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drama derby

The Greatest TV Drama of the Past 25 Years, Round Two: Mad Men vs. Buffy the Vampire Slayer

Vulture is holding the ultimate Drama Derby to determine the greatest TV drama of the past 25 years. Each day a different notable writer will be charged with determining the winner of a round of the bracket, until New York Magazine TV critic Matt Zoller Seitz judges the finals on March 23. Today's battle: Playwright Stephen Karam judges Mad Men versus Buffy the Vampire SlayerMake sure to head over to Facebook to vote in our Readers Bracket, where Vulture fans' votes have already diverged from our judges'. We also invite tweeted opinions with the #dramaderby hashtag.

Buffy kicks ass. Literally. For seven years, her primary occupation was obliterating vampires, demons, and other forces of darkness with an astonishing array of flip-kicks, all with nary a blonde hair out of place. Plucky, sassy, and sexy, Buffy’s powers enabled her to destroy a demon in mid-air, land arms akimbo, and still have sufficient wind to deliver a game-ending, withering retort. Pitting a Slayer against any opponent seems unfair. But, as mere mortals go, Don Draper is a more than worthy opponent. While he isn’t adept at defeating the supernatural, the man has been busy battling his own personal demons during the first four seasons of Mad Men, also with nary a hair out of place. So let the (admittedly absurd) death match between Buffy the Vampire Slayer and Mad Men begin.

Despite their disparate genres — one show features a sexy woman who slays vampires; the other, a man who slays sexy women — both shows share key strengths and weaknesses. Chief among their joint assets is their ability to marry deft drama with rhythmically charged, unexpected comedy. Buffy’s comic chops are more readily apparent, and creator Joss Whedon unabashedly announces the camp factor in his show’s title and no doubt loses many adult viewers in the process. That’s a shame, because once you accept that Sunnydale, California, is located above the mouth of Hell, the show is more adept at capturing humanity than most naturalistic dramas.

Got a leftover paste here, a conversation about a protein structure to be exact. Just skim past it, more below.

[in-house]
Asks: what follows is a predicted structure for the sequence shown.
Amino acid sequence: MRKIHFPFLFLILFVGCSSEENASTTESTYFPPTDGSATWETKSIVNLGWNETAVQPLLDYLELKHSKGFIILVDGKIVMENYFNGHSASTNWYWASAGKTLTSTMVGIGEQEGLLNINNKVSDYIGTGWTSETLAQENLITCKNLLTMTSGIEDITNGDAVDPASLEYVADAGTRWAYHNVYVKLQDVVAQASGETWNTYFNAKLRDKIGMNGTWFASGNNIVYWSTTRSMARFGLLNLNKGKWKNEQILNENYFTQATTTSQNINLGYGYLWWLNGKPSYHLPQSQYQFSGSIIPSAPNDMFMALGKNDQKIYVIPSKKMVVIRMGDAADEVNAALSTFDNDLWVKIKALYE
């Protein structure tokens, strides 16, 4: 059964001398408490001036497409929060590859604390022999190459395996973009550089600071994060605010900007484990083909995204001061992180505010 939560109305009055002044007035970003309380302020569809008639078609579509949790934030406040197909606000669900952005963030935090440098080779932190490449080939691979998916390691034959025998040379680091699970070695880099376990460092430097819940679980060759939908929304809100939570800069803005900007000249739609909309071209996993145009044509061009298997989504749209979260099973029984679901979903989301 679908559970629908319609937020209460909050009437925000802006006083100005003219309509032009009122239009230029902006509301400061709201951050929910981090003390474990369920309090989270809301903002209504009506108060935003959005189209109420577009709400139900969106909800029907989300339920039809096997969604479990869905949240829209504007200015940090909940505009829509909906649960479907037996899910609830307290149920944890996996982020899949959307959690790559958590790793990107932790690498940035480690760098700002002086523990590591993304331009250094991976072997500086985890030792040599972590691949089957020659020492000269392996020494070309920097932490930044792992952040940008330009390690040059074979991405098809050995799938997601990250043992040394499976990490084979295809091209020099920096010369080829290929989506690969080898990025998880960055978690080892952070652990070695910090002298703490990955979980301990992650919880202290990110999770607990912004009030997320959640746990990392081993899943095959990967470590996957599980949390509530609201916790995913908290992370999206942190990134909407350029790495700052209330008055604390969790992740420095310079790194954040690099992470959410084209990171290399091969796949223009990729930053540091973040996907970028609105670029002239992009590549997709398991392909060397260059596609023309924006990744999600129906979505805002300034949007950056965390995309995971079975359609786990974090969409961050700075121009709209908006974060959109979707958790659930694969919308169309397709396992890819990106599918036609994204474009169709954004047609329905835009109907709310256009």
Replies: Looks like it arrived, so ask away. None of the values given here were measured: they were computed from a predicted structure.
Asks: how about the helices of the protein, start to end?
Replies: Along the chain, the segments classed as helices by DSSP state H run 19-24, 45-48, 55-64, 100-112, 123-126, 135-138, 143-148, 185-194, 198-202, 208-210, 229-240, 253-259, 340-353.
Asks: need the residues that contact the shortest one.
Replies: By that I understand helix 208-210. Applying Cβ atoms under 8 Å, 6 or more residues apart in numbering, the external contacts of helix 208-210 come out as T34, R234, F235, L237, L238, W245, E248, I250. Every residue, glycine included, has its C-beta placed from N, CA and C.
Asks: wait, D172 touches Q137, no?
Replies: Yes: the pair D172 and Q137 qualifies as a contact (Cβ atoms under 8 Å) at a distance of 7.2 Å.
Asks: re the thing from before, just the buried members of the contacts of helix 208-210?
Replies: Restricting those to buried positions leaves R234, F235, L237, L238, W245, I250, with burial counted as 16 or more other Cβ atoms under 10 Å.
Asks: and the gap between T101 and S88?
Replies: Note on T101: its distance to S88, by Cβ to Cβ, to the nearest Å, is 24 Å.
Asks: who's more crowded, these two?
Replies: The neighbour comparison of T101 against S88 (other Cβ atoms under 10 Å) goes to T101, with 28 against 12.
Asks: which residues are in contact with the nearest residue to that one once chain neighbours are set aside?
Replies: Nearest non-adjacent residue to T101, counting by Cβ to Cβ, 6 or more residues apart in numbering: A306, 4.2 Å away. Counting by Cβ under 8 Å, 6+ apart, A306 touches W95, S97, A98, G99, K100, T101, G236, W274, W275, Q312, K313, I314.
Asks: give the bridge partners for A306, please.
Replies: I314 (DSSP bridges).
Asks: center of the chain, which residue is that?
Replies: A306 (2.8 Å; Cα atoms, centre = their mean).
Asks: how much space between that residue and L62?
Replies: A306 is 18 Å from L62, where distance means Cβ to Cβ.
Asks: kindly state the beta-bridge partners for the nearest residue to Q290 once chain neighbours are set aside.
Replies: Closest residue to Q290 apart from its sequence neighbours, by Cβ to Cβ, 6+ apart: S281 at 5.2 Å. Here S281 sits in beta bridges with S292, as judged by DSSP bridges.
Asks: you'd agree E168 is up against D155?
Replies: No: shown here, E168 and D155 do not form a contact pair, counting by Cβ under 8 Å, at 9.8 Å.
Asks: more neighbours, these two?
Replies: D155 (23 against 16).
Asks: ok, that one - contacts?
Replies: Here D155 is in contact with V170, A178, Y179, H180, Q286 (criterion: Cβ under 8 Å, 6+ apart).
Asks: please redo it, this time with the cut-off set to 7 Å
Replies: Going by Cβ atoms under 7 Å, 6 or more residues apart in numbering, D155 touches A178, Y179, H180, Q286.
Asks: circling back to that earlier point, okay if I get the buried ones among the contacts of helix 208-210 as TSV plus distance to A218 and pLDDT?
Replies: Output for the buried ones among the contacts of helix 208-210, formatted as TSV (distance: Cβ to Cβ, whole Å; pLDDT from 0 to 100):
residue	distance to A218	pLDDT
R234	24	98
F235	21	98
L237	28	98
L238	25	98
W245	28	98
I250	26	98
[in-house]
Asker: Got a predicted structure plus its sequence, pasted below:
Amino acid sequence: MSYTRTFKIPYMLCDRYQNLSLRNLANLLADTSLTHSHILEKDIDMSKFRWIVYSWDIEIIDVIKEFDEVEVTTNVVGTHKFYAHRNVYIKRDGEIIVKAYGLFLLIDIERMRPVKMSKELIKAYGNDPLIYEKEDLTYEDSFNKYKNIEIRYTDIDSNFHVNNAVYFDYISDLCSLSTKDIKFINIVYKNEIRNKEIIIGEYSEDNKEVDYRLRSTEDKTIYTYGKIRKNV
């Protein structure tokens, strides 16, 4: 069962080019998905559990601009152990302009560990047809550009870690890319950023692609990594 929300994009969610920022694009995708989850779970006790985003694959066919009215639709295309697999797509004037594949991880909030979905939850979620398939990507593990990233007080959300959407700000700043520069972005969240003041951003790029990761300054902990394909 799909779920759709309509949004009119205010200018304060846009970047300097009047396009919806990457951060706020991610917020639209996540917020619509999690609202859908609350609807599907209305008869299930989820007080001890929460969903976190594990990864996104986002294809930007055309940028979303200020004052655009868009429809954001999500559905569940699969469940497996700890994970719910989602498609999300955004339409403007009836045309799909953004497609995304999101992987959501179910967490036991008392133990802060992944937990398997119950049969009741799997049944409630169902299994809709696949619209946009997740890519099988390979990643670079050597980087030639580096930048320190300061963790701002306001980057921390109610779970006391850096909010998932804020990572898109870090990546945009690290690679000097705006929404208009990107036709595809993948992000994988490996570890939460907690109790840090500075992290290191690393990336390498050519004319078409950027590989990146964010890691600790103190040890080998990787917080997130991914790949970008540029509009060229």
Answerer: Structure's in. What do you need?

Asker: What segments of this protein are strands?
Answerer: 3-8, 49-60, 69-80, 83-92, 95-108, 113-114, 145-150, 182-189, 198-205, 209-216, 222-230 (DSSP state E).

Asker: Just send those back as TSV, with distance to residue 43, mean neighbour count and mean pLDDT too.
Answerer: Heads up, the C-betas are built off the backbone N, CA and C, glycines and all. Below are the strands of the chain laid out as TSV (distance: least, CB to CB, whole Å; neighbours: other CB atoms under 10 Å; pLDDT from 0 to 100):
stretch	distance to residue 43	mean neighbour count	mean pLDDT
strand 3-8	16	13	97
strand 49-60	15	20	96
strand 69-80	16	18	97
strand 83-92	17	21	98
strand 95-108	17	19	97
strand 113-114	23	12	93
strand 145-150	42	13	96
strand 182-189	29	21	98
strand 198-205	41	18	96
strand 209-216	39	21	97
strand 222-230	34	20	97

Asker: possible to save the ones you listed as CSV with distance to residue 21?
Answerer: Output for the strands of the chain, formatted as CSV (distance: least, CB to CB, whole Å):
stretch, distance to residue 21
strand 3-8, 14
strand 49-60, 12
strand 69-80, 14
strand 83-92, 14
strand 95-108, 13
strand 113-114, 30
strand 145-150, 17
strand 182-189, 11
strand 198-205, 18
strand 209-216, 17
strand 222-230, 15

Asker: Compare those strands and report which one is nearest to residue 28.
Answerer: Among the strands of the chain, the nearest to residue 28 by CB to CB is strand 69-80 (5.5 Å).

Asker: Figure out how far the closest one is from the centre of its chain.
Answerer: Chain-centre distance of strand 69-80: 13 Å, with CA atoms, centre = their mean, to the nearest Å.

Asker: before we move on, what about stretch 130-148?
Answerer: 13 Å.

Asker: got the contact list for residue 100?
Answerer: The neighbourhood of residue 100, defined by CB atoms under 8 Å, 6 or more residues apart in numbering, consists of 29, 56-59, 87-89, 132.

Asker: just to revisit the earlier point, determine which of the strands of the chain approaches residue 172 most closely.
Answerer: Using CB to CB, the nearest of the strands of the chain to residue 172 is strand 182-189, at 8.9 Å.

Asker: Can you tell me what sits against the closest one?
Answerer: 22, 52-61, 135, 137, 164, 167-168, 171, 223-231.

That’s partly because Whedon knows the rocky road of adolescence can be a kind of hell on Earth, where every cruel joke and gym class has the potential to plunge you into the emotional abyss. The show sneakily uses the horror and teen genres to upend our expectations about both, painting an amusing and frequently poignant look at adolescent angst. Buffy and her friends struggle to connect with their parents, to fit in, and to find a date for the prom — all while struggling to prevent the apocalypse. It’s an ingenious concoction that works.

In its best moments, Buffy’s action-packed episodes are also packed full of surprising laughs thanks to Whedon’s silly-but-sharp wordplay. Take “Graduation Day, Part Two,” the show’s third-season finale, in which Buffy’s trusted friends Cordelia and Oz (a cheerleader and werewolf, respectively; just accept it) respond to her risky strategy to thwart the Mayor, who’s actually an evil demon determined to take over the world (again, accept):

Cordelia: I personally don't think it's possible to come up with a crazier plan.

Oz: We attack the Mayor with hummus.

(Pause as everyone takes this in.)
Cordelia: I stand corrected.

Or consider season five’s “Real Me,” in which Buffy learns an unlikable female vampire named Harmony has recruited followers in an attempt to kill her:

Buffy: Harmony has minions?
Xander: Yeah, that was pretty much my reaction.
Buffy: I'm sorry, I'm sorry, it's just ... Harmony has minions!